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La Nina Pacific Ocean Cooling Pulls Global Temps Below Norms

08.02.2011
Global Temperature Report: January 2011

Global climate trend since Nov. 16, 1978: +0.14 C per decade

January temperatures (preliminary)

Global composite temp.: -0.01 C (about 0.02 degrees Fahrenheit) below 30-year average for January.

Northern Hemisphere: -0.06 C (about 0.11 degrees Fahrenheit) below 30-year average for January.

Southern Hemisphere: +0.04 C (about 0.07 degrees Fahrenheit) above 30-year average for January.

Tropics: -0.37 C (about 0.67 degrees Fahrenheit) below 30-year average for January.

December temperatures (revised):

Global Composite: +0.18 C above 30-year average

Northern Hemisphere: +0.22 C above 30-year average

Southern Hemisphere: +0.15 C above 30-year average

Tropics: -0.22 C below 30-year average

(All temperature anomalies are based on a 30-year average (1981-2010) for the month reported.)

Notes on data released Feb. 3, 2011:

The La Nina Pacific Ocean cooling event continues to pull down temperatures, with the global average temperature falling below seasonal norms for the first time in 18 months and only the second time in almost two and a half years, according to Dr. John Christy, professor of atmospheric science and director of the Earth System Science Center at The University of Alabama in Huntsville.

Technical Note:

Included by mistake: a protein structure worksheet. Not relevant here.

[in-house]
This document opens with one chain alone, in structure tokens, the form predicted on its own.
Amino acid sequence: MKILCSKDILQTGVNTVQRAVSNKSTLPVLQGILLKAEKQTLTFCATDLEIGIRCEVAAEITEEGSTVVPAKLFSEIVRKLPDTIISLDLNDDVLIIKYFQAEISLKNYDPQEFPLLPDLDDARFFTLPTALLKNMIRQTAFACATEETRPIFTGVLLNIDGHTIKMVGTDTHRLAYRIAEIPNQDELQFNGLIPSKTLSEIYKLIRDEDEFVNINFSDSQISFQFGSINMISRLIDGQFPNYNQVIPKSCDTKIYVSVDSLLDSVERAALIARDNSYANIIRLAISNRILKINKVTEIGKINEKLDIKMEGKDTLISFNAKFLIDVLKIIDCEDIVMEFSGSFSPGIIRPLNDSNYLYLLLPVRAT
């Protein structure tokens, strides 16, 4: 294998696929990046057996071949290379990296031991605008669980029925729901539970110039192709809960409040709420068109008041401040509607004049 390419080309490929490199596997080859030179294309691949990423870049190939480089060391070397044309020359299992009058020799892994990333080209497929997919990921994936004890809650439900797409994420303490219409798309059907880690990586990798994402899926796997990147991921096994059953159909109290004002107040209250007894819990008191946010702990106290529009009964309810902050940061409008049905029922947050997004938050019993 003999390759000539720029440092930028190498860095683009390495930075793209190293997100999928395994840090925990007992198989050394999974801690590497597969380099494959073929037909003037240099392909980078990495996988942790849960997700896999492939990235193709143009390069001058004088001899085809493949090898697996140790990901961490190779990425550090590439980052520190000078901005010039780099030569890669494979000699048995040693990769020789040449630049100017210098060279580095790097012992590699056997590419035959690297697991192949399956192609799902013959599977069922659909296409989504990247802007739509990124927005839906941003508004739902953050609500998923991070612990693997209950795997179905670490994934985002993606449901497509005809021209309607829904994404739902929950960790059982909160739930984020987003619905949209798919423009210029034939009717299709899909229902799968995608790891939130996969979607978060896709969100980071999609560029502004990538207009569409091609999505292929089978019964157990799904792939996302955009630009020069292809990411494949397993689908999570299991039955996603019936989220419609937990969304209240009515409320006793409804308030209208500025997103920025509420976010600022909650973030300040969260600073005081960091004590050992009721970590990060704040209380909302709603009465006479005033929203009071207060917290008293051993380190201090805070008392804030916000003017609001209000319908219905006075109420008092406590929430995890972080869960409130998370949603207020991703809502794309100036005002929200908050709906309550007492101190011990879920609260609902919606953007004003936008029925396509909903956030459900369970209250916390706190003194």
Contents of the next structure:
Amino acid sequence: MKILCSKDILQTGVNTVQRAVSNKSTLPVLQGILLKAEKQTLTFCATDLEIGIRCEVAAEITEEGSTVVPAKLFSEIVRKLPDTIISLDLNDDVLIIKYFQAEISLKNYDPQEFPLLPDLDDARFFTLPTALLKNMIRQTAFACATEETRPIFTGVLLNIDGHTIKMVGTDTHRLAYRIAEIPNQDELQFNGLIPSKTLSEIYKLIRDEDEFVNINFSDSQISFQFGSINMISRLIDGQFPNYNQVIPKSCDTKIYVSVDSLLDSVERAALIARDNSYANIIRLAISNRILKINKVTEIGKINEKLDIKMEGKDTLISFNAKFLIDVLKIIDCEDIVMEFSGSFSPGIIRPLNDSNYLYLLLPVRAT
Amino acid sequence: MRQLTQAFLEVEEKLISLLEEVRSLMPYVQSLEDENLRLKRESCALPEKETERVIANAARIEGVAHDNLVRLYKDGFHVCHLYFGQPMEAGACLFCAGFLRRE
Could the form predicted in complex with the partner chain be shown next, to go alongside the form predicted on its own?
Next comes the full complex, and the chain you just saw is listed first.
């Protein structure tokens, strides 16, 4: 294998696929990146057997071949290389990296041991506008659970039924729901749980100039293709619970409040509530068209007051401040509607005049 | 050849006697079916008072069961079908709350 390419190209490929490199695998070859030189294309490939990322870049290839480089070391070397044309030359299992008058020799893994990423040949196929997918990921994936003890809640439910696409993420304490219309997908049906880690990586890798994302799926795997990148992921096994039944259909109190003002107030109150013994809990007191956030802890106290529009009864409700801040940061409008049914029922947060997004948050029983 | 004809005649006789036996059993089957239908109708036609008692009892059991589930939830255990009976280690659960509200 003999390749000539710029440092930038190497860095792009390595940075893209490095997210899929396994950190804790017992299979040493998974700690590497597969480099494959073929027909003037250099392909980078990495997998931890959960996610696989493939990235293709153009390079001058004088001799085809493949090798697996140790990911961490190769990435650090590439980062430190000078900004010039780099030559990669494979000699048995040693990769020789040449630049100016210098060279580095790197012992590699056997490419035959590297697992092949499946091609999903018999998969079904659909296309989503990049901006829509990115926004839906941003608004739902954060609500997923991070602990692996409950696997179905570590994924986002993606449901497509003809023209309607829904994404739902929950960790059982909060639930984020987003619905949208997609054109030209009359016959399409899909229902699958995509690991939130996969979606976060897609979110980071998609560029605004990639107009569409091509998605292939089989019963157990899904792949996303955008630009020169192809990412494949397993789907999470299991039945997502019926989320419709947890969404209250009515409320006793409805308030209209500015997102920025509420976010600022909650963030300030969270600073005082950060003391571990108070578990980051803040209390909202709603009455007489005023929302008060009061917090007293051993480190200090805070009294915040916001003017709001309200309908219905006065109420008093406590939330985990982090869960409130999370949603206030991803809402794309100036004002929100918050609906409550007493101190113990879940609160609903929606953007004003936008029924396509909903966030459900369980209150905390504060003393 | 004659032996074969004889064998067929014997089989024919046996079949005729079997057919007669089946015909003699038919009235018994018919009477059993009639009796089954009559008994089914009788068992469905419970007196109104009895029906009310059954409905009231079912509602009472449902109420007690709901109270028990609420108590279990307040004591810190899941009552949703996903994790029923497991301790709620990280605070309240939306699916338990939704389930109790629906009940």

The baseline period used to determine seasonal norms has been changed from the 20-year (1979 to 1998) period at the beginning of the satellite record to a new 30-year (1981 to 2010) reference average. This was done to match the climatological period normally used with climate data by the U.N.'s World Meteorological Organization.
* * *
As part of an ongoing joint project between UAHuntsville, NOAA and NASA, Christy and Dr. Roy Spencer, a principal research scientist in the ESSC, use data gathered by advanced microwave sounding units on NOAA and NASA satellites to get accurate temperature readings for almost all regions of the Earth. This includes remote desert, ocean and rain forest areas where reliable climate data are not otherwise available.

The satellite-based instruments measure the temperature of the atmosphere from the surface up to an altitude of about eight kilometers above sea level. Once the monthly temperature data is collected and processed, it is placed in a "public" computer file for immediate access by atmospheric scientists in the U.S. and abroad.

Neither Christy nor Spencer receives any research support or funding from oil, coal or industrial companies or organizations, or from any private or special interest groups. All of their climate research funding comes from federal and state grants or contracts.

For Additional Information:

Dr. John Christy, (256) 961-7763
john.christy@nsstc.uah.edu
Dr. Roy Spencer, (256) 961-7960
roy.spencer@nsstc.uah.edu

Dr. Roy Spencer | Newswise Science News
Further information:
http://www.uah.edu

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